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Communication

Fall 2002

Staying Tuned: A Life in Journalism

In the beginning, radio was his second choice. After a journalistic teething in the service of the ANETA news agency in the Netherlands, Daniel Schorr wanted to be a foreign correspondent for The New York Times. When he fell victim to the Jewish-owned paper’s self-imposed quota on Jewish reporters, Schorr went to work for Edward R. Murrow at CBS in 1953.

The signal that he had made the grade came on New Year’s Day 1956, as “Murrow’s Boys” made the transfer to television. Schorr had left his post in Russia to join Howard K. Smith, Richard C. Hottelet, Eric Sevareid, and Murrow’s other far-flung correspondents … » More …

Fall 2008

60 minutes with Don Hewitt

This spring, while a reporter from a Spokane TV station sat face to face with 60 Minutes creator Don Hewitt, two Washington State University communications students waited quietly in the hall for their turn with the television legend.

Jamie Grosz, a senior who would soon be interviewing the CBS news veteran, used the time to run over her questions and switch into a pair of high heels for the on-camera interview. The cameraman, Brent Weisberg, started unpacking his equipment.

They weren’t missing much by waiting outside since the Spokane station interview covered many of same questions Hewitt had been answering over the past few years … » More …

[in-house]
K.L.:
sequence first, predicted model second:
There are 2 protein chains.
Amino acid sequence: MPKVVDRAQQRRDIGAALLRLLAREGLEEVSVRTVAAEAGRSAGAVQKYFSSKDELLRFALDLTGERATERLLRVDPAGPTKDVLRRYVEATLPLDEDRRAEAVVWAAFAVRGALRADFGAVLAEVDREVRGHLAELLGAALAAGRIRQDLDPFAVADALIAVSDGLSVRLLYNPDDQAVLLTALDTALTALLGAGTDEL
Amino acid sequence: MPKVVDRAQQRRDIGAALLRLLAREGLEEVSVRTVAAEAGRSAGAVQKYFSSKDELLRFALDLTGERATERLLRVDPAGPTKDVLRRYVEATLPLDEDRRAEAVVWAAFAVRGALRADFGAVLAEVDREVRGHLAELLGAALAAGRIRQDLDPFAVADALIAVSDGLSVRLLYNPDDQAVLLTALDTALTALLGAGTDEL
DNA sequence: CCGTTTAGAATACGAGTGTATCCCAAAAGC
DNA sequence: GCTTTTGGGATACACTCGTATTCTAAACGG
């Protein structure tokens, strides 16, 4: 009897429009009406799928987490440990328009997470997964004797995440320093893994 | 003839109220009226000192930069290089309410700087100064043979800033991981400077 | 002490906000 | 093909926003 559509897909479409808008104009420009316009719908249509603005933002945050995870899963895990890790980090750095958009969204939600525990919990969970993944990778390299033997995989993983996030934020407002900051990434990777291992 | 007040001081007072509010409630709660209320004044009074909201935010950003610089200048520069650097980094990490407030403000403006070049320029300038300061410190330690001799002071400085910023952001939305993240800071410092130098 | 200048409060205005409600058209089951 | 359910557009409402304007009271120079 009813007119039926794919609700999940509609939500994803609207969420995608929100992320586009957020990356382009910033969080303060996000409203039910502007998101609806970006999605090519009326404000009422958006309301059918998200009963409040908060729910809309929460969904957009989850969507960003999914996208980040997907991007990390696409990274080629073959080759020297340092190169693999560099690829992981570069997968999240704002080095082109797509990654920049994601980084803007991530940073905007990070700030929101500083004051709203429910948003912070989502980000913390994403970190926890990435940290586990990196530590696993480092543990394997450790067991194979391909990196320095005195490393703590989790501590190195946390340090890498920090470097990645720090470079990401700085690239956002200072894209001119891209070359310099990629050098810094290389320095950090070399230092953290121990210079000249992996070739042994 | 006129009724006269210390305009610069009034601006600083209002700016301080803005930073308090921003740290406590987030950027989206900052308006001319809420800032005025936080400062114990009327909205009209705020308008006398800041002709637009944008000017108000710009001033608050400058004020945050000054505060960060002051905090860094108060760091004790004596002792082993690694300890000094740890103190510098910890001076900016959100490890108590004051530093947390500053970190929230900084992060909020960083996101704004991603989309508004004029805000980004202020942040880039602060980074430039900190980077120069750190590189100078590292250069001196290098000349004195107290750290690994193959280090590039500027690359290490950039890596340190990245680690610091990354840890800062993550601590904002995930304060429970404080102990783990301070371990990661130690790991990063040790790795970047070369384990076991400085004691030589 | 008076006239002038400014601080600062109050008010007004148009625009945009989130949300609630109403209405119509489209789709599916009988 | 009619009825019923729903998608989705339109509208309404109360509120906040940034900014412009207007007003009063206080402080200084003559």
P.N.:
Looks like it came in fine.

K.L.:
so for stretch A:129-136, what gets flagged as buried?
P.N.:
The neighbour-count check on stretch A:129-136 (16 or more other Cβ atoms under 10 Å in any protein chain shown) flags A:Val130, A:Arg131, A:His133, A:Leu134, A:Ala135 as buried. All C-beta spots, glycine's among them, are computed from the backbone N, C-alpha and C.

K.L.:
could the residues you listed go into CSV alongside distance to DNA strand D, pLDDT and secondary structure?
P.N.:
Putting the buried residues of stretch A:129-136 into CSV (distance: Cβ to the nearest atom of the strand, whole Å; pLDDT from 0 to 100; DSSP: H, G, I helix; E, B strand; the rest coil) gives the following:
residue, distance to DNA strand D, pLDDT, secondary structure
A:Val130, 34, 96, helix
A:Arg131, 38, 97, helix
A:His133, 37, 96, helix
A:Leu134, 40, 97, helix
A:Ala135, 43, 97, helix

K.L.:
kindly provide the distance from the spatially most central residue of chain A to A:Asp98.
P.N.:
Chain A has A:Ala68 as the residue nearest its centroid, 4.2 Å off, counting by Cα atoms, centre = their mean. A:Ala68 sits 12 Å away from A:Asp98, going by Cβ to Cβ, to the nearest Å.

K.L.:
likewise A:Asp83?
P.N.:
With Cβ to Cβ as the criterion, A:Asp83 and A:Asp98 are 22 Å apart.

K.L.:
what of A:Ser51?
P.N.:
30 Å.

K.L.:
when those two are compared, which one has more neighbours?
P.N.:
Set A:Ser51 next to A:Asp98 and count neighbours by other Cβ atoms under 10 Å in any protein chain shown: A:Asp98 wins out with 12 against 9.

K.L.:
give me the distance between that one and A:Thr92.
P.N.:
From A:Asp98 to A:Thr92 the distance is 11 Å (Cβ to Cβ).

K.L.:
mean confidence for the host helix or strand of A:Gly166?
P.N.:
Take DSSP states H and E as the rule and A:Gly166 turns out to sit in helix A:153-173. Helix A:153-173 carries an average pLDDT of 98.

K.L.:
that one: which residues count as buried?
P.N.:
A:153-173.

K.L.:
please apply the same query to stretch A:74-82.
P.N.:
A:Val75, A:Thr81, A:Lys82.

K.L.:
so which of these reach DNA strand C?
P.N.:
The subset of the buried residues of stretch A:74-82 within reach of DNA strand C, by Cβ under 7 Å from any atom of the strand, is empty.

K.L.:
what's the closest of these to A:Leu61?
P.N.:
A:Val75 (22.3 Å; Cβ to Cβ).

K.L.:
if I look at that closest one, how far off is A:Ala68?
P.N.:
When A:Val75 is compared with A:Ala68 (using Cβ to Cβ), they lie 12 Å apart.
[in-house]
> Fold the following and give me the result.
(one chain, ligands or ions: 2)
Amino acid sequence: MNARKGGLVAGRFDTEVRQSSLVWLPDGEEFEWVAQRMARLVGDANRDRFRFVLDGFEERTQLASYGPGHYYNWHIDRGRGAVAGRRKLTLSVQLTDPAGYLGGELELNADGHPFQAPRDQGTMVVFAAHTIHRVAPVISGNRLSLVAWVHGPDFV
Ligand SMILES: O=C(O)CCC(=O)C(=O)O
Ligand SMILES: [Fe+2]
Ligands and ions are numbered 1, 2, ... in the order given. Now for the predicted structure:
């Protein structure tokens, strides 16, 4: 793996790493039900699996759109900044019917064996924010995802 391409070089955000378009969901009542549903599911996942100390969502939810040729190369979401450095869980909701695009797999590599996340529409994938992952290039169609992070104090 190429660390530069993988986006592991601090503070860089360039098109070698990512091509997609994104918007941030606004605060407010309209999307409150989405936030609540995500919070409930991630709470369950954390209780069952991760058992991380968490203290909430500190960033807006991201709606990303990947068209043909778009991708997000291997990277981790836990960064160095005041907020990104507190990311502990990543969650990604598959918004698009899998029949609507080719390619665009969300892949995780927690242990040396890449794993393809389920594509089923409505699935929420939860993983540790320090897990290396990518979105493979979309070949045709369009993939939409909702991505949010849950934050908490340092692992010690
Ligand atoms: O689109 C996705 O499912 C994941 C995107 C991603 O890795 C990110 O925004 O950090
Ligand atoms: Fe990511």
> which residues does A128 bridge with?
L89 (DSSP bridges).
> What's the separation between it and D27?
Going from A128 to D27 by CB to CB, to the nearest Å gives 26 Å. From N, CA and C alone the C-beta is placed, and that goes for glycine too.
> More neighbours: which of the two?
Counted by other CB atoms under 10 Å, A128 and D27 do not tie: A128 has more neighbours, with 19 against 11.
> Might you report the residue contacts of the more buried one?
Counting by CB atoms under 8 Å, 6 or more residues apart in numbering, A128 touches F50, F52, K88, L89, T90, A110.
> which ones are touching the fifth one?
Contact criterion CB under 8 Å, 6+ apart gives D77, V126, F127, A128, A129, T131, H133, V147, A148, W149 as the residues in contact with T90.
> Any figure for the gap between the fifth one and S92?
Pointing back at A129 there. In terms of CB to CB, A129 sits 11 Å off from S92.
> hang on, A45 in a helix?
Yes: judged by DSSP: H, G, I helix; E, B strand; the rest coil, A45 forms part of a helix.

Spring 2006

Cell phones help students and parents stay close—Sometimes too close

Michael Johnston (’08 Bus. Admin.) switched his cell-phone plan in October. And the incentive wasn’t just the free, high-tech phone or the low text-messaging fees.

“I can get those mobile-to-mobile minutes with my family now,” says Johnston. “Now I don’t have to worry as much about the minutes I use with them.”

Johnston says he talks to either his mom or dad each day, for at least 15 to 20 minutes.

He’s not the only one. He’s part of the millennial generation for whom there is no typical, mandatory Sunday evening phone call home.

Now parents are getting the 9 a.m. Saturday call, the … » More …

Spring 2002

It's in the blood

“There I was [in May 1980], focused on completing my last month at WSU, and Mount St. Helens erupts,” recalls Kathi Goertzen ’80. “I spent the next few weeks basically living at the KWSU studio, not only reporting the news aspects, but also interviewing local farmers about the ash that had covered Eastern Washington and what affect that would have on their crops. I guess you could say that was my first ‘breaking news’ story, and after that, I had it in my blood.”

Her degree in broadcast communications in hand, Goertzen joined KOMO-TV in Seattle as the assistant to Art McDonald (’55, Speech Communication). … » More …